This morning I heard a woodpecker in the trees nearby. I have seen his vibrant colours before now, his looping flight drawing semi-circles in the morning sky, but not until today have I heard the sound of him seeking grubs from the bark of a dead tree. Poor bugs I thought at first, all cosy inside the winter bark. A rude awakening for sure – that sudden battering against the walls of sleep like someone firing an Uzi in the bedroom. But the woodpecker must feed and if you happen to be prey for a predator, then this is part of your life, and your death.
The garden birds are both hungry and thirsty within our frozen landscape and they need our help. This weekend is the official Bird Count and I hope everyone will take part, for our garden birds are under threat. It shocked me to discover that many of the ordinary visitors to the garden are now marked as amber or red on the RSPB web site, indicating their demise, and it may not be something that will get better, not without human interest and support. Sparrows in huge and chattering groups make a thinner sound in our hedgerows. Why is that? Because we have taken the hedgerows down clearing land and clearing land again for new houses, offices, big settlements with concrete pathways and fat houses for the hungry home-dweller market.
Birds, like us, are creatures of habit. Swallows, swifts and house martins, wintering in Africa, fly over thousands of miles to nest in the same place they nested the year before, in barns and empty buildings, that can be razed to the ground in a day, leaving them lost and wondering. Owls have no place to rear their young, unless some wise man has fixed up a nest box in safe, quiet woodland. Is there any safe quiet woodland left I wonder? Thrushes are dwindling and even the blackbird and the robin, so very common in our thoughts, are less in number country wide.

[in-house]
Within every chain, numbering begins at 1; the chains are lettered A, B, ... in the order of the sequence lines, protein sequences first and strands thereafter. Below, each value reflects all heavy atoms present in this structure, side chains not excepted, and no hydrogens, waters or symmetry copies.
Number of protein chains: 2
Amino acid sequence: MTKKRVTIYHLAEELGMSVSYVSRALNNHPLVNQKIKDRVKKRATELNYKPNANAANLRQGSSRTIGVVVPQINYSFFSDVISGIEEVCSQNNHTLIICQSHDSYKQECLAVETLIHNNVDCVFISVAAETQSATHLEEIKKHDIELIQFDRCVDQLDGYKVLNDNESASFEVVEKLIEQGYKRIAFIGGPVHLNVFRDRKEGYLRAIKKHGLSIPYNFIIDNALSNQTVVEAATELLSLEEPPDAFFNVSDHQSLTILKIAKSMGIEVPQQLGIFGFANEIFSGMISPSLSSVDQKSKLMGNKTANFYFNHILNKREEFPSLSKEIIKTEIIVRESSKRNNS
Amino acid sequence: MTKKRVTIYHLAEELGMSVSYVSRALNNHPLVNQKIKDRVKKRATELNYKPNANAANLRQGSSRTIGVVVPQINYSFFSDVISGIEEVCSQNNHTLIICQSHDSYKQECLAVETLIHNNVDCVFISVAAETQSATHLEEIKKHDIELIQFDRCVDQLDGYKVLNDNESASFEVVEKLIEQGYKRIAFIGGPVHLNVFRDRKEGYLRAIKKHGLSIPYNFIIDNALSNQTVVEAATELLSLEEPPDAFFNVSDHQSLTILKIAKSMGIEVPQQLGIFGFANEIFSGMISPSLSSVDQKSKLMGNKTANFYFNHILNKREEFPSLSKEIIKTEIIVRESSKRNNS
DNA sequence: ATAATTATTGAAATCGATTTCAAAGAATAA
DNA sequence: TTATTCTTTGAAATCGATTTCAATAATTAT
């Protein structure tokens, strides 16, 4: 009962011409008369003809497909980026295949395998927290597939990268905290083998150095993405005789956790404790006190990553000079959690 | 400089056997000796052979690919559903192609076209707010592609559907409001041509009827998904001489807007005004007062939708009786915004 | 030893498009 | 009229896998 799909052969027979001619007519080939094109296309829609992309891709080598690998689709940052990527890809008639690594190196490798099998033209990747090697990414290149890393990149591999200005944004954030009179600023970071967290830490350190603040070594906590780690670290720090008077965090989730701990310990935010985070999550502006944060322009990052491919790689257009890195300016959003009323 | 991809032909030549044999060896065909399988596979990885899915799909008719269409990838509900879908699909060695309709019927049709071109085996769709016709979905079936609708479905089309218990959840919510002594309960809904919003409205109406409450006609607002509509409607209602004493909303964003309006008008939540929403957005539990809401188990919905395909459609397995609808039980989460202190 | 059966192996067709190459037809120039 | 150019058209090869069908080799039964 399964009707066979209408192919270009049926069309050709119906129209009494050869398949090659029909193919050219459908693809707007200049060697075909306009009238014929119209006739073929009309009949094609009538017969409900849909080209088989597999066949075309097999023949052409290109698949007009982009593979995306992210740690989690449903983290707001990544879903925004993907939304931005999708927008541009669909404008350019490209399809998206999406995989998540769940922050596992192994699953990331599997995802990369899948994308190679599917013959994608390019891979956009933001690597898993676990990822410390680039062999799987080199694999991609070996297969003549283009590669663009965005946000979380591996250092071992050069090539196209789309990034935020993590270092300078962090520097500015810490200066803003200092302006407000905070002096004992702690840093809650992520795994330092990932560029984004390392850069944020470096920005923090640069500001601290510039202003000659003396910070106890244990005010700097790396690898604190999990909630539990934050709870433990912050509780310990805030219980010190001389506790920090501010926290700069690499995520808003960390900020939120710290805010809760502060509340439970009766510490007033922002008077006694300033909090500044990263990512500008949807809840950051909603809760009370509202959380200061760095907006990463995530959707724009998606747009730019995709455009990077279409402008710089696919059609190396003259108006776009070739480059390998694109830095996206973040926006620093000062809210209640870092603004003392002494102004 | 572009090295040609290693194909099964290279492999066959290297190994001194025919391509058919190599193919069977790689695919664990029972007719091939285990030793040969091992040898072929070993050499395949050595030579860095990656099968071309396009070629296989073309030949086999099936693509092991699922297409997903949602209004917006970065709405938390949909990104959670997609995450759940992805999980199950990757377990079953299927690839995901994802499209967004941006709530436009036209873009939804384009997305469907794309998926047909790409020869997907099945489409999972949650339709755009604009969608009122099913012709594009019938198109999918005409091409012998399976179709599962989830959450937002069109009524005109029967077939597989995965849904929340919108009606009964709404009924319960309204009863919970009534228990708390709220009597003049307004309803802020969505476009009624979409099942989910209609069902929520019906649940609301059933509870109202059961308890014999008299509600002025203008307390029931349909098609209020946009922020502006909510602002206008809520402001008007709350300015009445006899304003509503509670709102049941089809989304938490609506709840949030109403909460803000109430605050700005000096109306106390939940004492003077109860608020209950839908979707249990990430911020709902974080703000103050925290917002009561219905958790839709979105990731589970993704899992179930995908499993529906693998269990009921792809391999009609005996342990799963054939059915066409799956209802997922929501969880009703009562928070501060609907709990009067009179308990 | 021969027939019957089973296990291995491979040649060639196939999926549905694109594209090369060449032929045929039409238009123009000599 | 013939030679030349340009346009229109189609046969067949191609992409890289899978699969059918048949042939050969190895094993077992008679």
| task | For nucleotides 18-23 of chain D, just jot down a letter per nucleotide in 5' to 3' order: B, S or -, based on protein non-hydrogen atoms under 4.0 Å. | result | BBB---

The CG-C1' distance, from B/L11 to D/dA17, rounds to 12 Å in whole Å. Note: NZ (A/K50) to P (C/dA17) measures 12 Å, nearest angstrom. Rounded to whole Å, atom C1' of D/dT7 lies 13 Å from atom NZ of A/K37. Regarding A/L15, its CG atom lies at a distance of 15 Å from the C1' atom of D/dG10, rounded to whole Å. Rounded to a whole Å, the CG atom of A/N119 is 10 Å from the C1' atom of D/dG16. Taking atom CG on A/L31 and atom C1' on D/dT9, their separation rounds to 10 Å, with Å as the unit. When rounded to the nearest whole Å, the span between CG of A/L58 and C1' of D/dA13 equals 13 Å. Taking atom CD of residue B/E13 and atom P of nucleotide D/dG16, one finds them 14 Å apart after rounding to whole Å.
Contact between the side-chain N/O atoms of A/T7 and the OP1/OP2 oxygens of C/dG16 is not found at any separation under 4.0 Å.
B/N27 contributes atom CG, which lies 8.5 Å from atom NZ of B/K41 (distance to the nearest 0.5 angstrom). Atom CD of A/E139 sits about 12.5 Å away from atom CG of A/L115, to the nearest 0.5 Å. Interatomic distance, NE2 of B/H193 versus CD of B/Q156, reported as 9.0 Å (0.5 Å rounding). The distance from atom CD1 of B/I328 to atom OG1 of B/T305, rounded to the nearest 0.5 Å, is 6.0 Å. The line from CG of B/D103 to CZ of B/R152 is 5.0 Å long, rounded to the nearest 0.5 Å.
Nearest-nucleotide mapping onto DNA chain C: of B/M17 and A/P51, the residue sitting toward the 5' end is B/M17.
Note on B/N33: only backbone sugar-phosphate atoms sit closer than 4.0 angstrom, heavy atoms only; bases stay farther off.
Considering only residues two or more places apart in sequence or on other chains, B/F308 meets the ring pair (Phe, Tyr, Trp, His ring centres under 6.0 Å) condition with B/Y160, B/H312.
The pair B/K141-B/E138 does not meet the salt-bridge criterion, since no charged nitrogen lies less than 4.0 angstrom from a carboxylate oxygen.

But, this is not about doom and gloom, for we can all do our bit. We can’t stop progress, nor should we, for this is the turning wheel of life and we must turn with it. We have no choice. But, we can do our own small bit to help.
In winter, birds need water, and not just to drink. They must be able to wash and clean their feathers on a regular basis. A shallow bird table, freshened through the week will not only bring more birds to our gardens for their own good, but for ours as well, for birds are enchanting to watch as they go about their normal lives. Fat balls and good quality bird seed on a table will save them from wasting precious winter energy flying miles in search of something to eat. Food scraps, and tired old fruit are a good food source too. Check the RSPB web site for more information.
The ground is like iron just now, so the earthworms are safe for a while, but not the birds that depend of them for food.
Let us pay attention and not turn away from this because of our busy lifestyles. We can all do something, and that is what excites me about this crazy life. We may think this doesn’t really matter to us, but without birds a lot of our wild flowers and trees would never seed in the first place. I don’t go with those who say the world is on an inevitable downward spiral into the black hole of time, but I do know that if we all do a little bit, form a new habit, we, you and me in our ordinary lives, in ordinary streets and houses, can really make an extraordinary difference.
‘The Woodpecker has to go!’